The repurposing of a Sydney university campus into one of NSW’s most innovative schools brings exciting new challenges for staff and students.
When Stephanie McConnell welcomed the first students to Lindfield Learning Village in January this year, the number of students starting was just a fraction of the 2,500 names on the school’s waiting list.
The school’s first principal, Ms McConnell, is known to students by her first name, Stephanie – one of the many decisions made by students as the new school opened.
“People are looking for something different for their children,” Ms McConnell, the principal of the new school, told Secretary Mark Scott on the latest episode of the Every Student Podcast.
She said the school was different to traditional classrooms in almost every way – from the physical spaces to the approach to learning.
“Teaching traditionally is a very private occupation surprisingly enough. … The doors are closed … what happens in there is a mystery sometimes.”
Instead of a traditional model of classrooms of students being instructed by teachers, students at Lindfield are co-taught in stage groups, with teachers guiding students through individualised programs and projects.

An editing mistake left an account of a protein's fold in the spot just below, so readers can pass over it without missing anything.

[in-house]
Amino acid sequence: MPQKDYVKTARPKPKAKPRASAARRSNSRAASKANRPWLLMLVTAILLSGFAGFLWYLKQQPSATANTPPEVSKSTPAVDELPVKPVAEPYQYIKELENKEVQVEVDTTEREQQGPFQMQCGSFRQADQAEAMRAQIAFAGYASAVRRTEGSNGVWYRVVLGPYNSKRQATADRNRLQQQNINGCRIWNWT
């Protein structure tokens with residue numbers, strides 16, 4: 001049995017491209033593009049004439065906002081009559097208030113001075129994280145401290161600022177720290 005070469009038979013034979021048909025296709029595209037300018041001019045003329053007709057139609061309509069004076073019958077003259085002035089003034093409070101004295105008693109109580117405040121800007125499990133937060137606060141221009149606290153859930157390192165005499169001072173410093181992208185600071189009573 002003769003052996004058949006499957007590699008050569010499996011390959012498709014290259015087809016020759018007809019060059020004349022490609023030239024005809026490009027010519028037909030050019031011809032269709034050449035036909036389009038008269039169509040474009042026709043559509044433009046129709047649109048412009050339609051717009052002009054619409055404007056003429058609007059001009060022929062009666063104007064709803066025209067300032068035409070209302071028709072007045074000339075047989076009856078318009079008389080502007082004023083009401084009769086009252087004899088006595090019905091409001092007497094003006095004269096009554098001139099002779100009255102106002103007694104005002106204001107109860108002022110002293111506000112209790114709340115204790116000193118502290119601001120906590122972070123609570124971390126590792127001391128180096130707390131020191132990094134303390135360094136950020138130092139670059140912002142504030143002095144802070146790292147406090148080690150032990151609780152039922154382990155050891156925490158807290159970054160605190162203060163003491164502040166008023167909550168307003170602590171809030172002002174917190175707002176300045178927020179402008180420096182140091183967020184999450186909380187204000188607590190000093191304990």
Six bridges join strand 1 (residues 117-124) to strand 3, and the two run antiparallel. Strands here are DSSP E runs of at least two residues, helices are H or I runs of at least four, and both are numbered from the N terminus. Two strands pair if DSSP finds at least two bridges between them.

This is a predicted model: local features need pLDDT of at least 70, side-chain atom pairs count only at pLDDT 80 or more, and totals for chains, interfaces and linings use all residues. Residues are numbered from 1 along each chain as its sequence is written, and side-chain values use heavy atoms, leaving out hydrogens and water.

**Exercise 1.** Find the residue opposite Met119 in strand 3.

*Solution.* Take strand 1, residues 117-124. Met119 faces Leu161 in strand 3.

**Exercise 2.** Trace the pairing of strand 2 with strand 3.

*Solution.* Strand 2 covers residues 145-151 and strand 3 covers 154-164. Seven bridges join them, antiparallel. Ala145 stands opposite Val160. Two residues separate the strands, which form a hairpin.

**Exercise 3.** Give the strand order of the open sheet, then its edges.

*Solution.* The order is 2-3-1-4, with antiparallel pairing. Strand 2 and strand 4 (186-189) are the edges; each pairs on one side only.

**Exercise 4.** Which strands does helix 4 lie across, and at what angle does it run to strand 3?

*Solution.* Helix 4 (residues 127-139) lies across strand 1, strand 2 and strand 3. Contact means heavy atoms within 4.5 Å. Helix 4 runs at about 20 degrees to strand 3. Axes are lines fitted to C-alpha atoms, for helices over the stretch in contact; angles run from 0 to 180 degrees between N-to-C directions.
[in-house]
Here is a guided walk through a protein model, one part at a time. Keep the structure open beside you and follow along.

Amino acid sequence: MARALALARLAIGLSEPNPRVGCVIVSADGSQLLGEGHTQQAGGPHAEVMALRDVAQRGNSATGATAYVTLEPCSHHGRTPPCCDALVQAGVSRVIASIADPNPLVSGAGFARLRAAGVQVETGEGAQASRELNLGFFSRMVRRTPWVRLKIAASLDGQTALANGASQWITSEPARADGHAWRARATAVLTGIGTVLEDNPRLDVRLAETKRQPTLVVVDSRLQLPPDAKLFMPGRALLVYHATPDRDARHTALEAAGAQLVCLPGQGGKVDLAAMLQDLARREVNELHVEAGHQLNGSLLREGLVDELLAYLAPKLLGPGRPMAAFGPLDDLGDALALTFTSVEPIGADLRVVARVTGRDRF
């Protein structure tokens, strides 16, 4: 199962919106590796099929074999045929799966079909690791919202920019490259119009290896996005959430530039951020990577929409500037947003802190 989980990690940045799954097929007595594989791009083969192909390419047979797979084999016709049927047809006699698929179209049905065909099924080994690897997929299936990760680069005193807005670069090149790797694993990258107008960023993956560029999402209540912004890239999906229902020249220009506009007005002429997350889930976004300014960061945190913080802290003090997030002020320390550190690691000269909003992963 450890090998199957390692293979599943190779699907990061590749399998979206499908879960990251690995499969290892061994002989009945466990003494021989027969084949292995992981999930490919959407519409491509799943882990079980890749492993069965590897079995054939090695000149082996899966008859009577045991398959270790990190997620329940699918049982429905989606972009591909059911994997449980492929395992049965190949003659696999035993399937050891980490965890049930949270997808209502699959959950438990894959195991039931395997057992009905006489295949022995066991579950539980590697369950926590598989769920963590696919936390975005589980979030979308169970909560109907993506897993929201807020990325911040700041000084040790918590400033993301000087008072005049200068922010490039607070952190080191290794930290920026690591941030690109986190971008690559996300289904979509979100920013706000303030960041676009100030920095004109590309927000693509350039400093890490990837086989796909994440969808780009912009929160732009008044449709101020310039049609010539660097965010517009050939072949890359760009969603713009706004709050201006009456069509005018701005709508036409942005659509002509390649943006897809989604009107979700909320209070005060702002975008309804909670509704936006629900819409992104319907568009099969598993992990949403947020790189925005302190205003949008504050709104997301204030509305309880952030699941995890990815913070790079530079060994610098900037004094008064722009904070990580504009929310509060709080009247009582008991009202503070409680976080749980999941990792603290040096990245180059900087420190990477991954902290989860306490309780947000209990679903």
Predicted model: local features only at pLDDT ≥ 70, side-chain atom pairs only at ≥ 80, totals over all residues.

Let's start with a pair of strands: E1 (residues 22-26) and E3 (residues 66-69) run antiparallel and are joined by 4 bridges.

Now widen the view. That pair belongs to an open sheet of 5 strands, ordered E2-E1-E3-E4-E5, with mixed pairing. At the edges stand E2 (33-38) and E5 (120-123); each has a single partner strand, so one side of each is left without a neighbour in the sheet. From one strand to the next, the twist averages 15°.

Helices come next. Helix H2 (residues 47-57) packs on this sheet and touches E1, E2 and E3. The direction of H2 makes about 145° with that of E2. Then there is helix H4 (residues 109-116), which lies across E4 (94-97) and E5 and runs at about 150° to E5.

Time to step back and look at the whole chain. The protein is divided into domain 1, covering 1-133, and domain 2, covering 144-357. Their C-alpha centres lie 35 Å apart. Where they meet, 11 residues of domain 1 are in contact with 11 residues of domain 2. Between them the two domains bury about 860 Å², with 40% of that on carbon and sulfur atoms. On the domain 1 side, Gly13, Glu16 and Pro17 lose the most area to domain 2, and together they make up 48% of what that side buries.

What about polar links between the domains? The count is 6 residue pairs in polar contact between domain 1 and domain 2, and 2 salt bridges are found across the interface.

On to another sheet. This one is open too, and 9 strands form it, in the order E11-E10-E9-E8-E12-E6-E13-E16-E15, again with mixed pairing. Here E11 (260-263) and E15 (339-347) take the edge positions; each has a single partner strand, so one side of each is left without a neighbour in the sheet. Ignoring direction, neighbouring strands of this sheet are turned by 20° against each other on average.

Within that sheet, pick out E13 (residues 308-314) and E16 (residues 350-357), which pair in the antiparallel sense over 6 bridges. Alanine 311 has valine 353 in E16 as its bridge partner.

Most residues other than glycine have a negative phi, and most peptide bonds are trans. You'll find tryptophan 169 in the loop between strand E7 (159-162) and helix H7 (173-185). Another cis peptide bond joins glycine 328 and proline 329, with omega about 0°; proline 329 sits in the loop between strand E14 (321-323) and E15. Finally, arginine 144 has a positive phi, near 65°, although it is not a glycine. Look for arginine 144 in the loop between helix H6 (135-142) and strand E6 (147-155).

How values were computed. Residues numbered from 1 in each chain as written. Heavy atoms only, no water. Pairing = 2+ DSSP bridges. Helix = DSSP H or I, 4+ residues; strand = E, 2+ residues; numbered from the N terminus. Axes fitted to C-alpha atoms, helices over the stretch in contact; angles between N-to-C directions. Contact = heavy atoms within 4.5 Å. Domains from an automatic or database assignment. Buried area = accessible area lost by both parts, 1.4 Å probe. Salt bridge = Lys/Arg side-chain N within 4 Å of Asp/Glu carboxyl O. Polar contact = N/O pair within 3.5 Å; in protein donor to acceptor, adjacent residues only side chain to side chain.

“When we talk about being a school that has individualised student learning at the heart of what we do – and that is for me the Holy Grail of what we are chasing – it implies that there needs to be a change in the nature of the way we teach,” Ms McConnell said.
“One of the myths about Lindfield Learning Village is that it is completely unstructured and students are just set free to do whatever they like.”
Ms McConnell said teachers instead put a large amount of work into ensuring students have choice and freedom in their learning.
Year 10 student Ayesha, who joined Ms McConnell and Mr Scott on the podcast, said from her perspective Lindfield Learning Village felt different to other schools.
“There is a lot of trust through the school. You have a lot of trust in the teachers and you know that you can go and talk to the teachers and tell them your ideas and what you think that you need from them … and they will try and live them out,” Ayesha said.
Hear the full episode: